On Sunday I decided to swing by the National Museum of African Art in DC. My memories of this place was of it being a tiny little hole-in-the-wall compared to the larger art museums surrounding it (like the Freer/Sackler art galleries and the Hirshorn, both of which I stopped by on Sunday as well). Now, I’d say it definitely isn’t inferior in size, so much as attendance. Despite the museum being connected to the Asian Art museum on sub-level 3 (which has a delightful display currently, which I will discuss in a moment), there were about 150% fewer people in the African Art museum compared to Freer/Sackler. I can’t say why, perhaps just less interest in Africa as a region — the far east has always held large appeal with westerners — or that it was the final day at Freer/Sackler of an exhibition of works by Kiyochika (a super-interesting exhibition, I must say).
Kiyochika, Master of the Night. Ghostly paintings with intricate detail.
Regardless, the African Art museum was blissfully quiet, peaceful and gorgeous. The gardens surrounding it on the ground level, and the atrium providing sunlight all the way down to the third sub-level is well thought-out and calming. Currently on that third sub-level is an exhibit called Visions from the Forests, with art and artifacts from Liberia and Sierra Leone, and the gallery space has peaceful forest sounds playing throughout. The exhibit is set up magnificently, and the artifacts are so varied. Some remind me very much of Polynesian art and sculpture, some even remind me of Norse artifacts. The exhibit made me wonder how similar ideas could float among many historic peoples who never came into direct contact with one another; I’ve never been much into history, but I’m sure an art historian would have a field day connecting those dots for me.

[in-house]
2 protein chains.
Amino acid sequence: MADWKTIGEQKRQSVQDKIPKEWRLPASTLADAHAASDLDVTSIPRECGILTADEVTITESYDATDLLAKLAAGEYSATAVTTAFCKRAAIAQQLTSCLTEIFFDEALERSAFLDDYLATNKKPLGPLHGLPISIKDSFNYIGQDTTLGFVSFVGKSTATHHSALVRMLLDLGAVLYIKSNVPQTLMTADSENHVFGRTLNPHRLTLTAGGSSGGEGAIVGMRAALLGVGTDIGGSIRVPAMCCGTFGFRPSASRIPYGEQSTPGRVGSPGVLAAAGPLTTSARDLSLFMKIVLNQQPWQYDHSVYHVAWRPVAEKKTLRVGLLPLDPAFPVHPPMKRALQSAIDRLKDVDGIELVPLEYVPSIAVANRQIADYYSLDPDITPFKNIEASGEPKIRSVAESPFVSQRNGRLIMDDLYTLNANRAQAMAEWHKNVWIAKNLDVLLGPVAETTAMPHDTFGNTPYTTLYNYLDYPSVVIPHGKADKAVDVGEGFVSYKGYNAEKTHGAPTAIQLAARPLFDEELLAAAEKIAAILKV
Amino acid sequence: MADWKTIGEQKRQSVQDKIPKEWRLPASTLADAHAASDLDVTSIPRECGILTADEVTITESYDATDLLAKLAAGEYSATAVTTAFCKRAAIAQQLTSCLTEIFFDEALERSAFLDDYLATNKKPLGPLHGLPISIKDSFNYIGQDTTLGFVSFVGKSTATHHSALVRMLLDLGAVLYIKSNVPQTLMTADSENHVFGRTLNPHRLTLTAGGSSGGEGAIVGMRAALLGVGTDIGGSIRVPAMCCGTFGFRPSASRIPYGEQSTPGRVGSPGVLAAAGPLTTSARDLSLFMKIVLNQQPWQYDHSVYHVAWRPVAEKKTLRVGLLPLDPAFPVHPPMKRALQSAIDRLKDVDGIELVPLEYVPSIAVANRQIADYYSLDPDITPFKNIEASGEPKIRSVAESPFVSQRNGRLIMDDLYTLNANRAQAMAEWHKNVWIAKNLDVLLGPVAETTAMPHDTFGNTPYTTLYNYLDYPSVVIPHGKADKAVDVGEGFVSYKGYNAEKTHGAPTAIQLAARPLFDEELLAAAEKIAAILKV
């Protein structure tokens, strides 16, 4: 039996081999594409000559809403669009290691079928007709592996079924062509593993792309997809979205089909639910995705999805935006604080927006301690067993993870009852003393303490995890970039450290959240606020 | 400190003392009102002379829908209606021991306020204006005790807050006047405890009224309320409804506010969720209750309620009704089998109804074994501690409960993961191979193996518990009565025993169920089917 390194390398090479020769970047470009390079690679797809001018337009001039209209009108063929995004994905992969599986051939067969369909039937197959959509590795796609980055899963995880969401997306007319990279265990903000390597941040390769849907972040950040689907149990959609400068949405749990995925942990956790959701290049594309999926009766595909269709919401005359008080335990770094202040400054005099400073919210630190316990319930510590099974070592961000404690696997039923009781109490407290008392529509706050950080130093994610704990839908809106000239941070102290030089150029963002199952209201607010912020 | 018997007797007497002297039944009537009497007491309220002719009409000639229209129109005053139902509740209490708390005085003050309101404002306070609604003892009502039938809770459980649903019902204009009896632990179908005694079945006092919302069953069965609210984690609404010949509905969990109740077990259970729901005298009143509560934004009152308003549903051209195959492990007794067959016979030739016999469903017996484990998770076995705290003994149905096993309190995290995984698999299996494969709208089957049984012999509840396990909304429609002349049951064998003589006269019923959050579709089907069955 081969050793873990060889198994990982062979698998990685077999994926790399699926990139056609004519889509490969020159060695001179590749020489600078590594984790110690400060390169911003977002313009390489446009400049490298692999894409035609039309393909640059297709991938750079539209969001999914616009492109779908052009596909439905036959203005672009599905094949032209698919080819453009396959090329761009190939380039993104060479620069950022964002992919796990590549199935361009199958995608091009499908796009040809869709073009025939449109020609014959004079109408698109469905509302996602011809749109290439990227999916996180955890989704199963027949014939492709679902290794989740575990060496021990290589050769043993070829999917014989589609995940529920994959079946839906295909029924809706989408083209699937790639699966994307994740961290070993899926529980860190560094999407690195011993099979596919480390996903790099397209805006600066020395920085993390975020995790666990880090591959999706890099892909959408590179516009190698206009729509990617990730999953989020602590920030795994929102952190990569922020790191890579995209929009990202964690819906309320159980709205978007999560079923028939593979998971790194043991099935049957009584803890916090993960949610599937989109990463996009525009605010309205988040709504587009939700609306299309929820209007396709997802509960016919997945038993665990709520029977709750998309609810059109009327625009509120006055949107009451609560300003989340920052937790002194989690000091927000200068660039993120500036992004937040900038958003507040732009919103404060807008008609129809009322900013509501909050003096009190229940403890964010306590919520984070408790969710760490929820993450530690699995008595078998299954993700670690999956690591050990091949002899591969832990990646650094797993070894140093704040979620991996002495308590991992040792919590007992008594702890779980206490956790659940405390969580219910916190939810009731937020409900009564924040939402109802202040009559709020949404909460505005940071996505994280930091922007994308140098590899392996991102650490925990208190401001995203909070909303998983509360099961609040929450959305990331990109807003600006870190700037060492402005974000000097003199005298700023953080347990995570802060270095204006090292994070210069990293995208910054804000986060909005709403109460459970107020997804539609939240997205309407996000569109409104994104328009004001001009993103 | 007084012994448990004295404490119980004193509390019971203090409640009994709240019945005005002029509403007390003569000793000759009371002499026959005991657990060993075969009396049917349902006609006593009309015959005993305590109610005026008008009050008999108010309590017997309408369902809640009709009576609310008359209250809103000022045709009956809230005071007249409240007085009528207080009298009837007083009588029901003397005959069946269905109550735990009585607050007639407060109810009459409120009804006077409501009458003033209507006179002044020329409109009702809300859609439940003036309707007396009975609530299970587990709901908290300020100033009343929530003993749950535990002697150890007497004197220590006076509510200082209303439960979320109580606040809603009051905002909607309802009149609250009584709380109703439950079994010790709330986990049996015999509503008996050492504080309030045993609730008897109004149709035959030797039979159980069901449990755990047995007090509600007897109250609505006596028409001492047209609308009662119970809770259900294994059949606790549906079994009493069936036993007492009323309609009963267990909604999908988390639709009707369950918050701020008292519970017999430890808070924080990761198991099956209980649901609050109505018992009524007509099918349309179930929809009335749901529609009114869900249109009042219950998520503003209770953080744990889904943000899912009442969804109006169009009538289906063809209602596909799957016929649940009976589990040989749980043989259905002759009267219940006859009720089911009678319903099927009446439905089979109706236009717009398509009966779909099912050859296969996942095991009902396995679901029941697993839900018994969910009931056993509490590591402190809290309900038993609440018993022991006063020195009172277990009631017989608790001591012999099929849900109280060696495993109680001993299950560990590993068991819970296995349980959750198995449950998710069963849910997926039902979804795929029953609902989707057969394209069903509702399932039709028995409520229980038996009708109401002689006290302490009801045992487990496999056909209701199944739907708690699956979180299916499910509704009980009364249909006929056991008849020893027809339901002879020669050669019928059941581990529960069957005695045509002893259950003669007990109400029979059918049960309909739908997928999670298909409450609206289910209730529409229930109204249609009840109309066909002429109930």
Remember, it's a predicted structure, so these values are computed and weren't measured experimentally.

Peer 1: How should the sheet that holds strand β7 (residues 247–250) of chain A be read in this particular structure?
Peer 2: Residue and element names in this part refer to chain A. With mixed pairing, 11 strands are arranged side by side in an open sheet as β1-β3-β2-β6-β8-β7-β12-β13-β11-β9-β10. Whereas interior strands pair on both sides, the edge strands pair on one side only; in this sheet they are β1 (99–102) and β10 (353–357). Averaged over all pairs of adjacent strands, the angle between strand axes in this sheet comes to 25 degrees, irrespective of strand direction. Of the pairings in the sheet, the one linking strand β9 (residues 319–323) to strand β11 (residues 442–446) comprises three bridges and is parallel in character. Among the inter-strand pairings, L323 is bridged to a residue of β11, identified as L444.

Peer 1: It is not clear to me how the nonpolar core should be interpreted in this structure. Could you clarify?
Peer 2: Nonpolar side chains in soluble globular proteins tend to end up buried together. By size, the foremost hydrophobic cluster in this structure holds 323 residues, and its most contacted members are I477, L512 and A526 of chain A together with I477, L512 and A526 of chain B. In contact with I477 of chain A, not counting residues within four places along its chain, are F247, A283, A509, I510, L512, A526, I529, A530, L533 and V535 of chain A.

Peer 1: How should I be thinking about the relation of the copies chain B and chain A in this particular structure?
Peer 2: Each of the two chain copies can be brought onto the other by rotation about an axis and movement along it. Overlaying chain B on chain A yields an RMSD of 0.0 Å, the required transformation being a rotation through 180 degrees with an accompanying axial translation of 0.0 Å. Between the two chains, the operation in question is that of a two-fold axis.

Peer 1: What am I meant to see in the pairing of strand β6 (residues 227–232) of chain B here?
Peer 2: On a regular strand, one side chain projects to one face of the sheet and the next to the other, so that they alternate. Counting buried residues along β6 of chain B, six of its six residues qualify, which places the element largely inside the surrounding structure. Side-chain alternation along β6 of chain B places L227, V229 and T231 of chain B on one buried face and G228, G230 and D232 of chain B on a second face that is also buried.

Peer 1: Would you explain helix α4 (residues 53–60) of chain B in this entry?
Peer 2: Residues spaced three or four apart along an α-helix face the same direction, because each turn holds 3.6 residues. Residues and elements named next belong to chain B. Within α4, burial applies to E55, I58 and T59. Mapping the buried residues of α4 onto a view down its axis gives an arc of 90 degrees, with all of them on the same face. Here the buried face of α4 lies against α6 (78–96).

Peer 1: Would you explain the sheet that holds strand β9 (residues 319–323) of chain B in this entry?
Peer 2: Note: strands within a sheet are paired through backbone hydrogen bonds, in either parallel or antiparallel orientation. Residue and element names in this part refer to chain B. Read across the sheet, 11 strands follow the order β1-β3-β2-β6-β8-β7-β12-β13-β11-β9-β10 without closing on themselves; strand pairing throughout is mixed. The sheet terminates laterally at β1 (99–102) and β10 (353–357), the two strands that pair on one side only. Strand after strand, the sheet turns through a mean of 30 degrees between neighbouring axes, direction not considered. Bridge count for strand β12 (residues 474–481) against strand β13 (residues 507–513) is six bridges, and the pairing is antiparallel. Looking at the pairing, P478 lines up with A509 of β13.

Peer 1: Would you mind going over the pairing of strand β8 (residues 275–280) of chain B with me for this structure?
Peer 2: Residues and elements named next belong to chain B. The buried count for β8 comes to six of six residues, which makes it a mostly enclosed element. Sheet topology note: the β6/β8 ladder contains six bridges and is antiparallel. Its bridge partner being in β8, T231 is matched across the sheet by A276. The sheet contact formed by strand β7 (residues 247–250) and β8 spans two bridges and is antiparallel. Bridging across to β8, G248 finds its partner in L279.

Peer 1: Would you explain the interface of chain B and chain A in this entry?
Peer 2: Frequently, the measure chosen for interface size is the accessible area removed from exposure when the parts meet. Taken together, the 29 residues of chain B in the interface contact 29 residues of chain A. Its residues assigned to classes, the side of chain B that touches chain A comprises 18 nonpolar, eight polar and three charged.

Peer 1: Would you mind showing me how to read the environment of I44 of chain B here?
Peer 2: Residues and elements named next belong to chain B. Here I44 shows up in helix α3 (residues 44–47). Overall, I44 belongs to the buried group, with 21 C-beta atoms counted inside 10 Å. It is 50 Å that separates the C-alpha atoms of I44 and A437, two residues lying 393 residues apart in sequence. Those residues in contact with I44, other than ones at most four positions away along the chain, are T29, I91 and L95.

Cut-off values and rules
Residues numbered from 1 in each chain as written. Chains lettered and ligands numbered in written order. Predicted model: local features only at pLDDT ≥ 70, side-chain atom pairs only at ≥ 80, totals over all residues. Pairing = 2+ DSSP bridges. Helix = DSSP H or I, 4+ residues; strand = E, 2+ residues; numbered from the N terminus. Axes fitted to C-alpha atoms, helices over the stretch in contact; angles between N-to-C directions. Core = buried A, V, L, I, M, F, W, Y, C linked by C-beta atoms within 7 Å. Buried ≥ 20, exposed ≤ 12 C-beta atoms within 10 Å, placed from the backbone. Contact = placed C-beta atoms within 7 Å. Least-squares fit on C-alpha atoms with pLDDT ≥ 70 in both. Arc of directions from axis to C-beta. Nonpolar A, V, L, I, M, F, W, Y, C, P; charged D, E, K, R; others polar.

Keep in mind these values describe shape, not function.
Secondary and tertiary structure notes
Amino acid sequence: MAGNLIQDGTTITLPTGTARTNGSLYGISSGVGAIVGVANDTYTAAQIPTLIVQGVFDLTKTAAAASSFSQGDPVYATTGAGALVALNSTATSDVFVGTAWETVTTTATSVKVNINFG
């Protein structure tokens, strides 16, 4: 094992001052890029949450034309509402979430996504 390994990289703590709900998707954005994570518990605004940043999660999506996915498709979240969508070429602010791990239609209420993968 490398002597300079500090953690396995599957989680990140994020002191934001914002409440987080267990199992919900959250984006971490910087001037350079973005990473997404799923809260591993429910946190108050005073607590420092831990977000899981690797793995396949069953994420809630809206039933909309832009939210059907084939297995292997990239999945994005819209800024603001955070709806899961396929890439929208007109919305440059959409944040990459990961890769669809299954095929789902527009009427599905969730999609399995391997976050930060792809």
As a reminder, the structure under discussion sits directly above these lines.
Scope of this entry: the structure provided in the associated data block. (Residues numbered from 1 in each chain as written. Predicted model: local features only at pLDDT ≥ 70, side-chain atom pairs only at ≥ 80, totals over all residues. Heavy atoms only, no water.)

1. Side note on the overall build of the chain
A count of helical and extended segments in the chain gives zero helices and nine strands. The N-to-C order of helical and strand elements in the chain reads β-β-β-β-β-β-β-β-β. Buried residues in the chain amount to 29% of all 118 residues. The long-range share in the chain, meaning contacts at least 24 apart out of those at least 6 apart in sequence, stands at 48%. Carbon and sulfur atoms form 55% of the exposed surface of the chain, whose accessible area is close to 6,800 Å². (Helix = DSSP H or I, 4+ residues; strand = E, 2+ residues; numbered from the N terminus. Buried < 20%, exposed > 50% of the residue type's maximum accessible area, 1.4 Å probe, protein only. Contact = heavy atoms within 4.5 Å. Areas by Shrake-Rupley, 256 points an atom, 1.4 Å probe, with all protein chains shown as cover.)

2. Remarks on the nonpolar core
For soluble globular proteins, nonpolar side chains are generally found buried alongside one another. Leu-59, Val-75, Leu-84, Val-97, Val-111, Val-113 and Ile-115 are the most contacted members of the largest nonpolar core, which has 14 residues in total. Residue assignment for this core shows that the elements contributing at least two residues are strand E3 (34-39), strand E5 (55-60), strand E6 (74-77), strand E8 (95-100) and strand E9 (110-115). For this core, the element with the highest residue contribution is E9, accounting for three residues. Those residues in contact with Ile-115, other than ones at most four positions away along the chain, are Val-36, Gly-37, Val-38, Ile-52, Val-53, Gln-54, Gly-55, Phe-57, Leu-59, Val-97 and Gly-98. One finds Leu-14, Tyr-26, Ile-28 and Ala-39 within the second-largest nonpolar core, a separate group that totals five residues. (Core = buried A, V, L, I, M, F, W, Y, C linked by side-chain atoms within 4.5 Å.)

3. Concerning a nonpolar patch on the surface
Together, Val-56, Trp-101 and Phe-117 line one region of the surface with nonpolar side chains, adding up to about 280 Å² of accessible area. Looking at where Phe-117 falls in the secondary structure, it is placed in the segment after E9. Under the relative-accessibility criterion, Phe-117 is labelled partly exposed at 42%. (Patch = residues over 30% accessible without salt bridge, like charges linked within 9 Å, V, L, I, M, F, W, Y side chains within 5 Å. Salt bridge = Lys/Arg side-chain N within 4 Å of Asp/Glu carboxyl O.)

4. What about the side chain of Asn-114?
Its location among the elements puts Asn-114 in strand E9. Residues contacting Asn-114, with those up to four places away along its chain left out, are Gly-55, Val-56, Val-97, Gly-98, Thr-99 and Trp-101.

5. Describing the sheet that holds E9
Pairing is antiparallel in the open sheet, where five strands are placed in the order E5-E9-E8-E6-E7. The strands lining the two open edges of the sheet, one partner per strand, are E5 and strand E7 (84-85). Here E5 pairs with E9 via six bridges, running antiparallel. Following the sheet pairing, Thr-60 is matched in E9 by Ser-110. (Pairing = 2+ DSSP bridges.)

Coming into the exhibition hall for Visions from the Forests.
With such a well-curated and thoughtful exhibit, I really wonder why more people aren’t visiting this hidden gem, so I’m taking the opportunity to tell you all, the National Museum of African Art is dope, and it’s right down the street from the Hirshorn. Just get on the garden path or Independence Ave., walk past a big, castle-looking Smithsonian building, and you’re there. Stop by only to visit on your way to the Freer/Sackler building, if you want (they have the exact same layout, so think of it as practice). Check out the Visions from the Forests exhibit now until August 17th.
The National Museum of African Art is what’s up.